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Originally published in Castine Patriot, September 6, 2012
Public hearing will spotlight proposed zoning changes, before November vote

Click here to see the full Castine Zoning Archive.

by Anne Berleant

On September 13, the Castine planning board will outline proposed revisions to the zoning ordinance in preparation for a November 6, Election Day vote.

While a similar hearing on a revised Subdivision Ordinance was held in March—and changes incorporated into the draft as a result of public comments—the subcommittee in charge of the revisions expect questions on both ordinances.

The ordinances have been sent to the town attorney and to zoning consultant Rich Rothe, of Rothe Associates “to dot the ‘I’s and cross the ‘T’s,” said zoning subcommittee chairman Bob Friedlander. The planning board will review the zoning ordinance on Thursday, September 6, at 7 p.m.

The Comprehensive Plan, approved by voters in 2010, called for ordinance changes to ease restrictive regulations and create opportunities for affordable housing and economic development, especially off neck. The zoning subcommittee, working under the Comprehensive Plan Implementation Committee, has worked since June 2011 on the revisions in weekly, public meetings.

The process has been “a fair and transparent” one, said CPIC member Bill Brennan at an August 23 meeting. “If voters say ‘nay,’ then the Comprehensive Plan points have been rejected by voters.”

Affordable housing

The proposed subdivision ordinance has added 8.22, Affordable Cluster Development, which permits the construction of contiguous single-family dwellings on 20,000 square-foot lots, or about one-half acre, with an equal amount of permanent open space. The minimum parcel size is four lots. The substantive differences from 8.21 Cluster Development are that 1) the planning board may approve a density incentive of 25 percent, so that on an eight-acre rural district lot, five houses may be “clustered” on four acres, with four acres of open space; and 2) deed covenants and restrictions keeping such housing “affordable” must be submitted by the developer and approved by the planning board. In a last-minute change, wetlands will not be allowed in lot size calculations.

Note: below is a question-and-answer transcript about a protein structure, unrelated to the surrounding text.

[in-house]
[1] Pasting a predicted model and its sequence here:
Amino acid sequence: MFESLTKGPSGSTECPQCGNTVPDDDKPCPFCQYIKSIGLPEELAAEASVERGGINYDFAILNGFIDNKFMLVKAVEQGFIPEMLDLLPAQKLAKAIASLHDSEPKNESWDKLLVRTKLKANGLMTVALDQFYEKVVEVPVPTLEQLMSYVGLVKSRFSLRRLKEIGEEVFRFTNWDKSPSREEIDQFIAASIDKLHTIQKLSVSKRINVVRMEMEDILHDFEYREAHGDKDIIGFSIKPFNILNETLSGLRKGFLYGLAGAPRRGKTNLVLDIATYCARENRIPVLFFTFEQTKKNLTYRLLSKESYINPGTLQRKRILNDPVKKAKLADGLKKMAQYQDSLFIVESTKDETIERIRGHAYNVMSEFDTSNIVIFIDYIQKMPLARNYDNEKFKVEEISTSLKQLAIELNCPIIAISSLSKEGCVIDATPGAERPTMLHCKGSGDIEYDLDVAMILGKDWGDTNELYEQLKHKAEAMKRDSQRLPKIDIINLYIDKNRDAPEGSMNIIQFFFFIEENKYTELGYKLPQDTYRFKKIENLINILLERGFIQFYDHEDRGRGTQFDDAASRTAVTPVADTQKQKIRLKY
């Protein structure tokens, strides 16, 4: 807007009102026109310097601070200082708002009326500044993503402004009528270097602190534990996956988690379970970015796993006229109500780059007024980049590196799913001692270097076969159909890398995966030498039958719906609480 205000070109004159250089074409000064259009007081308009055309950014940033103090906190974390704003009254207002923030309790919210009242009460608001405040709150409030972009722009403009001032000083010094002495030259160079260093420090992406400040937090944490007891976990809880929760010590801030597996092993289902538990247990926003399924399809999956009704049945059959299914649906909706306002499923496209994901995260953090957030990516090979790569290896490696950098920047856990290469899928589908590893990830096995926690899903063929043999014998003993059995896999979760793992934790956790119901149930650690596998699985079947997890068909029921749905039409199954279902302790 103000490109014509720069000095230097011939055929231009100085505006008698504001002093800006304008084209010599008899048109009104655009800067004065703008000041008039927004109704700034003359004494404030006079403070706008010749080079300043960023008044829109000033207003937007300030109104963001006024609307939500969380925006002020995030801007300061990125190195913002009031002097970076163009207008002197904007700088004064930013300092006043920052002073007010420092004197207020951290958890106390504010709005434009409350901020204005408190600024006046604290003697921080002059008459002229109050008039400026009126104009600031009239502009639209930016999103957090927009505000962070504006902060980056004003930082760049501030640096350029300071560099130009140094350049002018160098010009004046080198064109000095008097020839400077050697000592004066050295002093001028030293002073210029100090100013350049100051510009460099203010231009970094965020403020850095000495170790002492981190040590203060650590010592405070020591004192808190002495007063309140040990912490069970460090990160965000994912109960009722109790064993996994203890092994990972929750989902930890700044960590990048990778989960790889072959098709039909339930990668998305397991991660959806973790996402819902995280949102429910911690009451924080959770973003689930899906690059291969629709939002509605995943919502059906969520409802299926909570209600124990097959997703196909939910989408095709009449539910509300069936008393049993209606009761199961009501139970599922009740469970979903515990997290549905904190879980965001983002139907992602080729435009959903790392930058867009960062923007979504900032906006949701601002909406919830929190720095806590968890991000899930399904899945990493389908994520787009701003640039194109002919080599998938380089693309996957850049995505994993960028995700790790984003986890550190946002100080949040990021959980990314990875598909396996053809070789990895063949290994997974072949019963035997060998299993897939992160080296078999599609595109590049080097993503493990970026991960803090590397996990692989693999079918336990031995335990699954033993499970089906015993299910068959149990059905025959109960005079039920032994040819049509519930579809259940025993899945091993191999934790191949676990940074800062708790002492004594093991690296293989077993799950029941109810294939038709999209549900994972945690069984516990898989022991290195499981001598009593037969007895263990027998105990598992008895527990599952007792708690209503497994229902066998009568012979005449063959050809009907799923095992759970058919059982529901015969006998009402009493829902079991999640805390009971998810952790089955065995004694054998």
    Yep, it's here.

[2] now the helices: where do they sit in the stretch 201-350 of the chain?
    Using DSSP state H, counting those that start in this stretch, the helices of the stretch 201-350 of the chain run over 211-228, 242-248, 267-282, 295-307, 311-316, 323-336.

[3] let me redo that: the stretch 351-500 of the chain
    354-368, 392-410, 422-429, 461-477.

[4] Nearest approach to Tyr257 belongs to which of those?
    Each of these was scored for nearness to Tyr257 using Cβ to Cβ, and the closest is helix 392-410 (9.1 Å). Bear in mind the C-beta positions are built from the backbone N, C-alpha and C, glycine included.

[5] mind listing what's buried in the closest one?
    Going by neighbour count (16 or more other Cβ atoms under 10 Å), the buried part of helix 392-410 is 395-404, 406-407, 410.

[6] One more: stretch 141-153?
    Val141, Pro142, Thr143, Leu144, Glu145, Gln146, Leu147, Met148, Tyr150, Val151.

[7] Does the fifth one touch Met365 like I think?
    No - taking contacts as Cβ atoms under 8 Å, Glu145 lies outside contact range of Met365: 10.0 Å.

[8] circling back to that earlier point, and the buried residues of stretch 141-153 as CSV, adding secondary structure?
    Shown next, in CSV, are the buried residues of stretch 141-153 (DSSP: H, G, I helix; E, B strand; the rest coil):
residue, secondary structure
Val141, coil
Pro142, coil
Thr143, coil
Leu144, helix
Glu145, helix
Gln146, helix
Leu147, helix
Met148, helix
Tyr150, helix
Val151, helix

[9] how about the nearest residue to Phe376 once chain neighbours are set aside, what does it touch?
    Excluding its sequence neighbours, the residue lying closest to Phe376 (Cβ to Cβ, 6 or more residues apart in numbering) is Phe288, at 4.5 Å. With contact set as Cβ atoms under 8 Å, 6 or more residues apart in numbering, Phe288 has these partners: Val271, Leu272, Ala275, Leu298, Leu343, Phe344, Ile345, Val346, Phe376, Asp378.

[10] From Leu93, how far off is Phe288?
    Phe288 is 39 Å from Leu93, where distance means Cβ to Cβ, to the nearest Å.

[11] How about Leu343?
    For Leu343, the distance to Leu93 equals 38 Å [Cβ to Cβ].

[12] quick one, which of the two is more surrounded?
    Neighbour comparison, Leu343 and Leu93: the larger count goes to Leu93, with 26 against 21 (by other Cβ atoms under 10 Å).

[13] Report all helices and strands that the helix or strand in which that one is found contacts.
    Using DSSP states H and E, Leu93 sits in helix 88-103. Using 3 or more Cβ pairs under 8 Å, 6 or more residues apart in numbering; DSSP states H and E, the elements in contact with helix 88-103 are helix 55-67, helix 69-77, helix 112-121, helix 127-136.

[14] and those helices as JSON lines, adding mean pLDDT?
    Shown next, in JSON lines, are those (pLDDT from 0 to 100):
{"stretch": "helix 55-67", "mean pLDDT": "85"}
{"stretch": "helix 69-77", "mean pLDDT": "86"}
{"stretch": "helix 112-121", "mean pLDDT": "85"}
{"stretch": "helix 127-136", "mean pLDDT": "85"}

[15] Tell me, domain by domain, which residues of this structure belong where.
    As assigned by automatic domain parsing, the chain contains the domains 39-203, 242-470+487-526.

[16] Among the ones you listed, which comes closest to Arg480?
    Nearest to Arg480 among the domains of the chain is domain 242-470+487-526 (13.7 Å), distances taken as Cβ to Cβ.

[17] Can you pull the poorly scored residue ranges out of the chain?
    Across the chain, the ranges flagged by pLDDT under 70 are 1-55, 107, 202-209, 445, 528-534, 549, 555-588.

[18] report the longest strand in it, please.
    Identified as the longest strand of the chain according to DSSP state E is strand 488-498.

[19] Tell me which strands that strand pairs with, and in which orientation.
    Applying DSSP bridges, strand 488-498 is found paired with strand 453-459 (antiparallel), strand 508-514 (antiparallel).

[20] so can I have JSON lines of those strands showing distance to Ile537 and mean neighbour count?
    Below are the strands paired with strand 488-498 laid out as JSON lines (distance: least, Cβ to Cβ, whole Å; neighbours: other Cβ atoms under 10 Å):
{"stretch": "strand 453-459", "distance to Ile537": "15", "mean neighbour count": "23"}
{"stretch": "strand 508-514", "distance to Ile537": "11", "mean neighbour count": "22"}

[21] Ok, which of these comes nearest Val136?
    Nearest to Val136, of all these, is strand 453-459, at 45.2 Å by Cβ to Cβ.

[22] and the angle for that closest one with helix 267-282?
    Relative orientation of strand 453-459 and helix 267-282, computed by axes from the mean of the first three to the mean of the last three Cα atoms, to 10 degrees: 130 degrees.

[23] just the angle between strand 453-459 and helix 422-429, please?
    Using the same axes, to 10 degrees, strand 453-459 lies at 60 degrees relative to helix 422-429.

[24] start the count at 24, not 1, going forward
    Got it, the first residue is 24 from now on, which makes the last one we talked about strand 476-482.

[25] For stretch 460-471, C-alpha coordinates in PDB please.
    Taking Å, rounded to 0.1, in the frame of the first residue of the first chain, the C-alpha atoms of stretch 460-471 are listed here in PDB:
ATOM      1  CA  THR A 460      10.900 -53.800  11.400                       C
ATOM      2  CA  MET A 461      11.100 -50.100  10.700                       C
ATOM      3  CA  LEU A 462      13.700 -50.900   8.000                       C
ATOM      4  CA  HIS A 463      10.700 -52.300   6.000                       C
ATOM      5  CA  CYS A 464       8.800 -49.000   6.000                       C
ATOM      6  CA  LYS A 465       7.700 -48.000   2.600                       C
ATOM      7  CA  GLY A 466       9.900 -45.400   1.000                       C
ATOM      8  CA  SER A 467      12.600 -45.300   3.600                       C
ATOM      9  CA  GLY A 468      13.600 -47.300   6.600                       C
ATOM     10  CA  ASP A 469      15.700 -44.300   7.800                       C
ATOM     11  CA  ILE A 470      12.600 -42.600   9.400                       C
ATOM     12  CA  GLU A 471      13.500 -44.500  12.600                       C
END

“Affordable” is defined as a household income not to exceed 125 percent of the median income of Hancock County.

Cluster developments, and multi-family dwellings, will be permitted in Village I, II and III districts. Multi-family units require 100 percent minimum lot size for each unit, so that a 10-unit building requires about 20 acres in the rural district and about 5 acres in Village II district. Minimum lot size in Village III has changed from 100,000 square feet to 85,000, or about 2 acres, to match the rural district.

Creating economic development

New permitted uses, according to revised Article 5.4 Land Use Table of the zoning ordinance, are as follows:

In the rural district: auto service stations and repair garages; commercial vessel or marine equipment storage facilities; inns and hotels; markets and retail sales; restaurants and take-away prepared food establishments; mixed commercial and residential uses; and commercial and industrial structures or uses “not otherwise listed.”

In village I: mixed commercial and residential uses.

In all village districts: bed and breakfast establishments; markets and retail sales; and restaurants and take-away prepared food establishments (all of which now are limited to the commercial district).

Under proposed definition changes, bed and breakfast establishments are limited to seven or fewer rooms; hotels and inns are defined together and allow for 24 rooms, up from the current 14; (two of the three inns in town currently have more than 14 rooms); and home occupations allow for employment of three non-family members, up from two.

Easing the application process

Under the proposed zoning ordinance, building permits for one- and two-family homes now issued by the planning board will be CEO-issued; and “normal” maintenance and repair of a structure will no longer require a CEO permit.

Abutter notification for CEO-approved building (section 8.2.6) must be done by first class mail within three business days of receiving an application. The CEO may take action on the permit within 10 days of receiving it, and must within 30 days.

Drafts of the subdivision and zoning ordinances are available on the town website at The public hearing will be held at 7 p.m., September 13, in Emerson Hall.